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Holi Powder Photo Shoots

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There’s nothing more delightful than feeling like Spring may truly be right around the corner.  As a photographer, that feeling is multiplied by about a million.  Daylight lasts longer, providing that stunning golden hour light that is one of our favorite times for shooting.  Models revel in allowing the sun to warm their skin, and we can work longer without having having to worry about anyone freezing.  A couple of years ago, we became mildly obsessed with the Holi Festival, an ancient Hindu religious festival which is now celebrated world wide.  The festival signifies the victory of good over evil, the arrival of spring, end of winter, and a time to repair ruptured relationships.  One of the most visually stunning rituals of the festival is the throwing of Holi Powder, highly saturated and deeply pigmented powders which are thrown on the hundreds of thousands of people who gather for the festival to usher in Spring every years.

At the time we began our exploration of using Holi Powder as an expression of the powerful emotional life of women, there were very few photographers using the powder for anything other than engagement shoots.  Rather than using the powder as a weapon, we wanted it to be an extension of the model’s internal emotional life, and allowed the colors used to reflect what the model was feeling at that moment, and wanted to express.  The internet now seems flooded with model powder shoots, all of us inspiring each other to play with color.  It truly is a humbling experience to see an idea take off, especially when you remember the moment the idea struck you, and to revisit it as soon as the days get warmer and the promise of Spring in the air.  You can visit a more complete gallery of our journey with Holi Powder at Holi Powder by Black, White and Raw Photography.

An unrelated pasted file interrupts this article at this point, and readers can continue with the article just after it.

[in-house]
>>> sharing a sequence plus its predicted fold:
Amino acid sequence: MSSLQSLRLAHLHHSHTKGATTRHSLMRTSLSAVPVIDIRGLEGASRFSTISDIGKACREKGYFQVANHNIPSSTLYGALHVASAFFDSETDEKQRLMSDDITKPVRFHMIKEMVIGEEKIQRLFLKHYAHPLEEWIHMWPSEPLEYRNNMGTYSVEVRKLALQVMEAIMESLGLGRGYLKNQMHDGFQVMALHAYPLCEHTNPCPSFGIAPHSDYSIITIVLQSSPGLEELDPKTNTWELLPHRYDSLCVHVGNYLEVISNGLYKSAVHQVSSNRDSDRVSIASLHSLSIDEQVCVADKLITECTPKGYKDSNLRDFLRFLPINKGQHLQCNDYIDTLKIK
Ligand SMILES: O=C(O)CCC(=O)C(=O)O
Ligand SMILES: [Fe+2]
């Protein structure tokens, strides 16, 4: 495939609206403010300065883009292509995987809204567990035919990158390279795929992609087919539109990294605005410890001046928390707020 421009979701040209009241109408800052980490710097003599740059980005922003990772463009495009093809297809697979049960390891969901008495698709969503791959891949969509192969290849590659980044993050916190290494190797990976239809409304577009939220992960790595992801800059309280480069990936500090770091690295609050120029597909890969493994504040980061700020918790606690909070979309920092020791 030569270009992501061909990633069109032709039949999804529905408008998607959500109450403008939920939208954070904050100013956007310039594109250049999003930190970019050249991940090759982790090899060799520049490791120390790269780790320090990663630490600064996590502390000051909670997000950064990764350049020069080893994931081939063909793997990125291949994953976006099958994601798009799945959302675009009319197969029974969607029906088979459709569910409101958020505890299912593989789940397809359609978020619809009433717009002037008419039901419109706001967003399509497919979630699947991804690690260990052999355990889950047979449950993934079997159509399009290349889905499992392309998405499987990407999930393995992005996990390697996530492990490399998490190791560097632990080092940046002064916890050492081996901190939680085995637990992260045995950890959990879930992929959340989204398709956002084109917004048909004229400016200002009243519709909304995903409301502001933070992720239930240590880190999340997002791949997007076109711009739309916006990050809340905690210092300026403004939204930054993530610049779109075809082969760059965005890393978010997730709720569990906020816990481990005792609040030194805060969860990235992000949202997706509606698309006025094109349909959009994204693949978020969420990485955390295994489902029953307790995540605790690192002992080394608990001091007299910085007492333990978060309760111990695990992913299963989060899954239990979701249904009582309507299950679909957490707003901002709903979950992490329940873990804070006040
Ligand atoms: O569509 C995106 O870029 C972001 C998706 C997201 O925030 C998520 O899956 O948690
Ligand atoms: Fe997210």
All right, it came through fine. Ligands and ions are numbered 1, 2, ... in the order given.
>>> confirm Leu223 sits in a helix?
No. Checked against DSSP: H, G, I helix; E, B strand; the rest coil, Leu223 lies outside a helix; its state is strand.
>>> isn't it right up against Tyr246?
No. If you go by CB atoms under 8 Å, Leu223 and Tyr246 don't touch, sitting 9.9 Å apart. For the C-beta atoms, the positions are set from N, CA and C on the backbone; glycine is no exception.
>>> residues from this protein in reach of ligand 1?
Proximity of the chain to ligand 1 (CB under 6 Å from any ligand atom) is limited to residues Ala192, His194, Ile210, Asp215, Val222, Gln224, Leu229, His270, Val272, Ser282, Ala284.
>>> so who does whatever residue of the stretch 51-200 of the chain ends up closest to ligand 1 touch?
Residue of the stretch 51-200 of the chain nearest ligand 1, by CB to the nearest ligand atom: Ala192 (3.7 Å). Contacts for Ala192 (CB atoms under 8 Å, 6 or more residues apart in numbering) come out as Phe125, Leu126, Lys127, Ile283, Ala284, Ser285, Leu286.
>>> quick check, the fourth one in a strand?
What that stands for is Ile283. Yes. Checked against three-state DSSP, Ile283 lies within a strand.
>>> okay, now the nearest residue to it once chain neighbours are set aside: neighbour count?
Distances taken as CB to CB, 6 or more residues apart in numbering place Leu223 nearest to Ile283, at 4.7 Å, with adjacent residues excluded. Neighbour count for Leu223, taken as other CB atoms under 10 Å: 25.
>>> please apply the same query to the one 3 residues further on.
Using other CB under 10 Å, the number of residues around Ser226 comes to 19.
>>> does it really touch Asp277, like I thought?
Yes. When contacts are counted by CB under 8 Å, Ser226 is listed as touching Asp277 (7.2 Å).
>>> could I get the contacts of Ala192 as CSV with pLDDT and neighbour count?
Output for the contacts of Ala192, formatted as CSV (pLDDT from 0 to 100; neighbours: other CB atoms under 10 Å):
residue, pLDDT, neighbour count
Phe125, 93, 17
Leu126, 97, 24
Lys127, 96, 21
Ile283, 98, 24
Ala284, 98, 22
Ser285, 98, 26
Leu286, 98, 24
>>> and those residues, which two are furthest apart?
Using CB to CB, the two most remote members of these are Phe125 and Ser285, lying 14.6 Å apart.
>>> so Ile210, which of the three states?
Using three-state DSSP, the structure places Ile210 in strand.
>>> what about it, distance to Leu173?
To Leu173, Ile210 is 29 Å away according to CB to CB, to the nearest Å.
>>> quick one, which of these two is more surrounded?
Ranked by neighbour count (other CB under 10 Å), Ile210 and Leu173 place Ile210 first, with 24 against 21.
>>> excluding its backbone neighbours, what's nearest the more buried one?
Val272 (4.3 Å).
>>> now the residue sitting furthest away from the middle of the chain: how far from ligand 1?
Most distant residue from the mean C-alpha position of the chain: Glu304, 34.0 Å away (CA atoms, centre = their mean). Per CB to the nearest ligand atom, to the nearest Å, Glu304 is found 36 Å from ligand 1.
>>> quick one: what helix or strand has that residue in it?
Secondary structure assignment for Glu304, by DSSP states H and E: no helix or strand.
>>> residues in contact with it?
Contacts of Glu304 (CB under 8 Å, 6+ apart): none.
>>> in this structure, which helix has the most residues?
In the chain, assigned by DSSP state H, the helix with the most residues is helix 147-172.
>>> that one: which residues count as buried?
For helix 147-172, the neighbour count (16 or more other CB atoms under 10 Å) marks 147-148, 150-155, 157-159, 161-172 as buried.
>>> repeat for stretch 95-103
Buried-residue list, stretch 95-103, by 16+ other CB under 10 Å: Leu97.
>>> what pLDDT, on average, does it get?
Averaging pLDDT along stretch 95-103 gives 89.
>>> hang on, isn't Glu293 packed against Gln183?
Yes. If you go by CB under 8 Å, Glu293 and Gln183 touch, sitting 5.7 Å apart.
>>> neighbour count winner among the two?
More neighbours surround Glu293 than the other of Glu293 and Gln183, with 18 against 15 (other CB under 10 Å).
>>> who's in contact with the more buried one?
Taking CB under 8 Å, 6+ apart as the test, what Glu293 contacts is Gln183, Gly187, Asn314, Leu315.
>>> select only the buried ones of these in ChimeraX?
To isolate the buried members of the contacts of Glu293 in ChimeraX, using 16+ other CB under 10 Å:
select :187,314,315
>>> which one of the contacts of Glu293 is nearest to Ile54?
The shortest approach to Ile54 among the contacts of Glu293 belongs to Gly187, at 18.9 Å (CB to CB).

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When Moms Become Wives

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As a photojournalist, it’s my job to capture events as they unfold in front of me.  As an artist, it is impossible to photograph what’s in front of me without seeing it through the filter of a lifetime of personal experiences and feelings, both the love and the heartache.  Each wedding has a story, an intricate web of family relationships, history and love, and as someone who drops into the most intensely personal day in the lives of our clients, it is our responsibility to quickly see and feel those moments and to have the courage to show them in the midst of the wedding day chaos.

For Jackie and Matt’s wedding at the Talamore Country Club in Ambler, Pa, I was instantly struck by Jackie’s young son, and the way he was welcomed into his new family.  Getting dressed with his new dad, who did everything possible to include the 7 year old at every step of the way.  It awakened memories in me of my own mother getting married when I was that age.  A mix of fear at seeing seeing the woman who had bravely risked everything to take care of me on her own, and a great joy and relief that there was someone who was promising to step in and take care of both of us.  Someone who promised to be there forever, who made me feel like everything was going to be ok.

It was a beautiful day, and a lovely experience, and I wish the beautiful new family every bit of joy and happiness in the world.

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The Reluctant Bride

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It was our greatest photographic challenge to date.  We were hired to shoot a wedding that we were quite excited about…just one catch.  The bride didn’t want photography.